Access codes becoming new textbook monopoly

Two economics books that require access codes available in the ARC bookstore. Access codes are becoming a new strategy for publishers to raise revenue. (Photo by Robert Hansen)

The costs of access codes for college courses are quickly becoming the new, dangerous face of the textbook monopoly according to a report released by the Student Public Interest Research Groups (Student PIRGs) Wednesday.

American River College (ARC) was one of ten schools selected across the nation to participate in this study.

Access codes are serial numbers that allow students to unlock an online learning suite. These platforms often contain digital books, pre-made homework assignments, quizzes, tests, educational videos and other multimedia content.

“Online access codes are the new face of the textbook monopoly,” Ethan Senack, Higher Education Advocate at the Student PIRGs, said. “In one swoop, the publishers remove a student’s ability to opt-out of buying their product, eliminate any and all competition in the market.”

Publishers use a variety of approaches to drive prices higher. These include bundling course materials without providing an accessible option to purchase component materials separately, publishing unnecessarily costly editions and revoking digital books after an expiration date, according to the “Access Denied” report.

ARC student Sophie Lawson said that she was unable to buy all of the materials for her math course.

“The access code with the book was about $200,” Lawson said. “I had to just buy the code because I couldn’t afford the textbook.”

Student PIRGs found that two-thirds of students skipped buying textbooks because of cost and 94% of those students recognized that doing so would impact their grade in the course.

Nearly 50% of students reported that textbook prices impact both which and how many courses they were able to take.

“My teacher did find a .pdf of a similar book to use but I feel I’d be doing better if I had the book that goes with the homework,” Lawson said. “Yeah, it kind of sucks.”

At campus bookstores, the average cost of an access code alone was $100.24.

In bookstores, only 28% of access codes were offered in unbundled form. Even when acquired directly from the publisher, only 56% of all required access codes were offered without additional materials bundled in, despite federal law requiring materials to be sold separately.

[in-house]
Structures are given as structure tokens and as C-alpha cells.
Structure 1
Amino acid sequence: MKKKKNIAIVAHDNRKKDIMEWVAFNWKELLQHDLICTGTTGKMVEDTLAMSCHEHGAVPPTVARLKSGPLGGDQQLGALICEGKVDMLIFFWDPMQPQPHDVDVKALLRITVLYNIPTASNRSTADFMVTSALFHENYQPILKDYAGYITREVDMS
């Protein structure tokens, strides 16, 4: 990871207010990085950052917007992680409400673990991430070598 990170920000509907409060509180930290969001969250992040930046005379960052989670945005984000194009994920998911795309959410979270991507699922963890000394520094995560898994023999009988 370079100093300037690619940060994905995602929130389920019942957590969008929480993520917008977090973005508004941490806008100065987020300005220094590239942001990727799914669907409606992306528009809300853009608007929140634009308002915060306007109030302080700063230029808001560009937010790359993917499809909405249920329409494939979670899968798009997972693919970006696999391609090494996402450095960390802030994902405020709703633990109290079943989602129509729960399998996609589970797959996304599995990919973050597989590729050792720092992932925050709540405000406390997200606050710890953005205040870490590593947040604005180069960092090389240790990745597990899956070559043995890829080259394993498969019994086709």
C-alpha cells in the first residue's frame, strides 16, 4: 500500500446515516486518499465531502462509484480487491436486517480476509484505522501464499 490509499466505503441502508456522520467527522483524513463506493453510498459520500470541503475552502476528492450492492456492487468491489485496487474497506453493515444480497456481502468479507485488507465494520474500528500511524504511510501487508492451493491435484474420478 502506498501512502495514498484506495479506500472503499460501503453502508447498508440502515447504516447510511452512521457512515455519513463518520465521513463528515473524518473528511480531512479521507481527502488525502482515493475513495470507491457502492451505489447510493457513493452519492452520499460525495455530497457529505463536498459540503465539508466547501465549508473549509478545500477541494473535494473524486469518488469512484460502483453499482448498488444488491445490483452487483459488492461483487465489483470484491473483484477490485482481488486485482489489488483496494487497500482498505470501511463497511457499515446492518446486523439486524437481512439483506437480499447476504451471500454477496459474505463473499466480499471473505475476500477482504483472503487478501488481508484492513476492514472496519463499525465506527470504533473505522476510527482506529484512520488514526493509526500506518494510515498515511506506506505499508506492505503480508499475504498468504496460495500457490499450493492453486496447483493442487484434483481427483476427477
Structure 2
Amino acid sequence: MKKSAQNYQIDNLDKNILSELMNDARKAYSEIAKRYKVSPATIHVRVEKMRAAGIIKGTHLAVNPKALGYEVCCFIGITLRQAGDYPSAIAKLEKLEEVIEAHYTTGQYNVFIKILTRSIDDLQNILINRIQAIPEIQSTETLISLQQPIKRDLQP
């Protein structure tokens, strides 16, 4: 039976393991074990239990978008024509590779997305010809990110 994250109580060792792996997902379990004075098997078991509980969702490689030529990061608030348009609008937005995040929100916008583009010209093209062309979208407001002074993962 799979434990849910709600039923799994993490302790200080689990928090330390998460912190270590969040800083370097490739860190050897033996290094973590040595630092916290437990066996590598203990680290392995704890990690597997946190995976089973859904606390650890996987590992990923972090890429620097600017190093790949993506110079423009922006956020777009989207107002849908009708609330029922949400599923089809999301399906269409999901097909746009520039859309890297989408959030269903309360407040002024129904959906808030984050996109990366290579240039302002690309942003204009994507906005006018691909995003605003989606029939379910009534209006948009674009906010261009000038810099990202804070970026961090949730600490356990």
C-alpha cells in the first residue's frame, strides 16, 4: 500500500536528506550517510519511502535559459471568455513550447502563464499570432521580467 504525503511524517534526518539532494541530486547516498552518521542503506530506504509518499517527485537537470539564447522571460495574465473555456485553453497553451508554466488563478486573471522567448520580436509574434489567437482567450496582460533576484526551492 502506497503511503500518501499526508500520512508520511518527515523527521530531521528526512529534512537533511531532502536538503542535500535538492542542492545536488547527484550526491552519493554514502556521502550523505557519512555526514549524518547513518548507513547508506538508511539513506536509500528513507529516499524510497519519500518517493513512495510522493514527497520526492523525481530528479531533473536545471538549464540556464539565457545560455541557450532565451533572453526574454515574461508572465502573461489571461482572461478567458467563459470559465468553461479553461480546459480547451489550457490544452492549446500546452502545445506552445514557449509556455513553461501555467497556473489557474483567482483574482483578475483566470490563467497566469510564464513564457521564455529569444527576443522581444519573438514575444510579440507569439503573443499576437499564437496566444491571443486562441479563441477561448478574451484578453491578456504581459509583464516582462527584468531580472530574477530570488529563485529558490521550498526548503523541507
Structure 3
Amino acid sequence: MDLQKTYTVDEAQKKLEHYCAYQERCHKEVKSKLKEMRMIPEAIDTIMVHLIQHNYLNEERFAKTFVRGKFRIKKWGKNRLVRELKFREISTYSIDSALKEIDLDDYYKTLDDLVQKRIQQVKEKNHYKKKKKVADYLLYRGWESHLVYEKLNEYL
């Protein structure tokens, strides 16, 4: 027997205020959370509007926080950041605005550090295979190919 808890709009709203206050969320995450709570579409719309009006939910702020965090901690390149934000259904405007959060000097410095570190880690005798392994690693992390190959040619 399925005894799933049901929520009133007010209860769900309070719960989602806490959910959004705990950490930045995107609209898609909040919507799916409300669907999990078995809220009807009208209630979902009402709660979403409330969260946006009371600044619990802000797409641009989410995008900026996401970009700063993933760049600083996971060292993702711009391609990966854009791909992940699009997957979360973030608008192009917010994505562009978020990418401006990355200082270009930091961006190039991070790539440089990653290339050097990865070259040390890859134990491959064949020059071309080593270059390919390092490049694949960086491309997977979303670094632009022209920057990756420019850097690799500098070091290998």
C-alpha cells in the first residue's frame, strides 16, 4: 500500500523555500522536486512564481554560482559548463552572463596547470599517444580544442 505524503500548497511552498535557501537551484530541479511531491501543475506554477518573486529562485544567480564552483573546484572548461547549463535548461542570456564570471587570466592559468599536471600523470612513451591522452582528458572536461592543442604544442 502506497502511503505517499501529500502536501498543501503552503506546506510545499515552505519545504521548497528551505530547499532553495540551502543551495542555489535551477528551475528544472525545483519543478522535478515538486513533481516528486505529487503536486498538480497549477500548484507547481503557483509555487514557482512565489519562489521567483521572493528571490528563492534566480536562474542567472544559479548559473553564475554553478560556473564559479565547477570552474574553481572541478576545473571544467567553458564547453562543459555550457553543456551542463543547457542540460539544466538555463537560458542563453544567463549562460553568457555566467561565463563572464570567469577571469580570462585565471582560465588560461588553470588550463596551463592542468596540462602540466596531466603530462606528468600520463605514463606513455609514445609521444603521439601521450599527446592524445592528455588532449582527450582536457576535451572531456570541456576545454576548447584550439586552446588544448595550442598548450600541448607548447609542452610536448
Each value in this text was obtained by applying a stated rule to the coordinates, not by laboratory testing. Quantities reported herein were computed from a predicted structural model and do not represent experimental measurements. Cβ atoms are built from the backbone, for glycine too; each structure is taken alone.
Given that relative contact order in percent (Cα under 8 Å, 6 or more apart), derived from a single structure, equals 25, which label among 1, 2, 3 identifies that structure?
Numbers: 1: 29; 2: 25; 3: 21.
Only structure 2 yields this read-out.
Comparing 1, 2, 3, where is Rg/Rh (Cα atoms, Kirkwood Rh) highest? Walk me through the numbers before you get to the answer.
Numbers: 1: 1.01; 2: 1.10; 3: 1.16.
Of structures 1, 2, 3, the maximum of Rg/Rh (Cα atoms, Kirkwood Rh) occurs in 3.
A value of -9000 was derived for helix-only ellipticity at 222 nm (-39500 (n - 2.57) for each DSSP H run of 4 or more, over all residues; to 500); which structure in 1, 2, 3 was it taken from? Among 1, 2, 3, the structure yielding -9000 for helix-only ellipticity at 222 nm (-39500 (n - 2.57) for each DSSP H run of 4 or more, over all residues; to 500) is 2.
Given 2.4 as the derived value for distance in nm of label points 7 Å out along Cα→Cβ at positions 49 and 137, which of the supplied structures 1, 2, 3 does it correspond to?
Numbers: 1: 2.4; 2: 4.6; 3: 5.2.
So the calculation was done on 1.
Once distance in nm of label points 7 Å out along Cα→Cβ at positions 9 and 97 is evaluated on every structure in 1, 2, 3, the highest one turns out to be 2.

First semester ARC student, Adam Poisner, bought a textbook for his Macroeconomics class that cost nearly $125 and is not pleased with the product.

“You can’t even use it next year. I’m pretty angry,” Poisner said. “I thought that when online textbooks came out it would be cheaper and easier accessed and it’s neither.”

The lack of consumer choice and competition in the textbook market has allowed publishers to drive up prices to unsustainable levels. However, increased prices have allowed alternative pathways to emerge that help students succeed regardless.

By making access codes single-use and individualized for each student, publishers eliminate a student’s ability to share with a friend, or borrow from the library if they don’t have the financial means to buy it.

By creating access codes that include assignments and tests, publishers lock 100% of students in a course into buying their product and eliminate a student’s ability to opt-out.

By transitioning to digital course materials, publishers now have the ability to eliminate excess supply that could lead to used book markets.

(Access codes) are just another tactic to eliminate competition in the market and keep profits high,” Senack said. “These codes offer big publishers a host of benefits over the traditional print market – while throwing students, especially those who are economically disadvantaged, under the bus.”

 

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About the Author

Robert Hansen
Robert is a second-semester student on the Current, where he serves as Managing Editor. He plans to transfer to Fullerton State to study journalism and economics.

1 Comment on "Access codes becoming new textbook monopoly"

  1. David Hylton II | September 23, 2016 at 6:48 pm | Reply

    The Student Senate needs to advocate for Open Educational Resources (OEP) at the Academic Senate. The professors are the ones who choose what materials to use.

    I spent $115 on a book with an access code for an 8 week Conversational Spanish course. How hard would/could it be for a department to create their own material.

    Same goes for math. Mathematics doesn’t change drastically, requiring new additions is idiotic.

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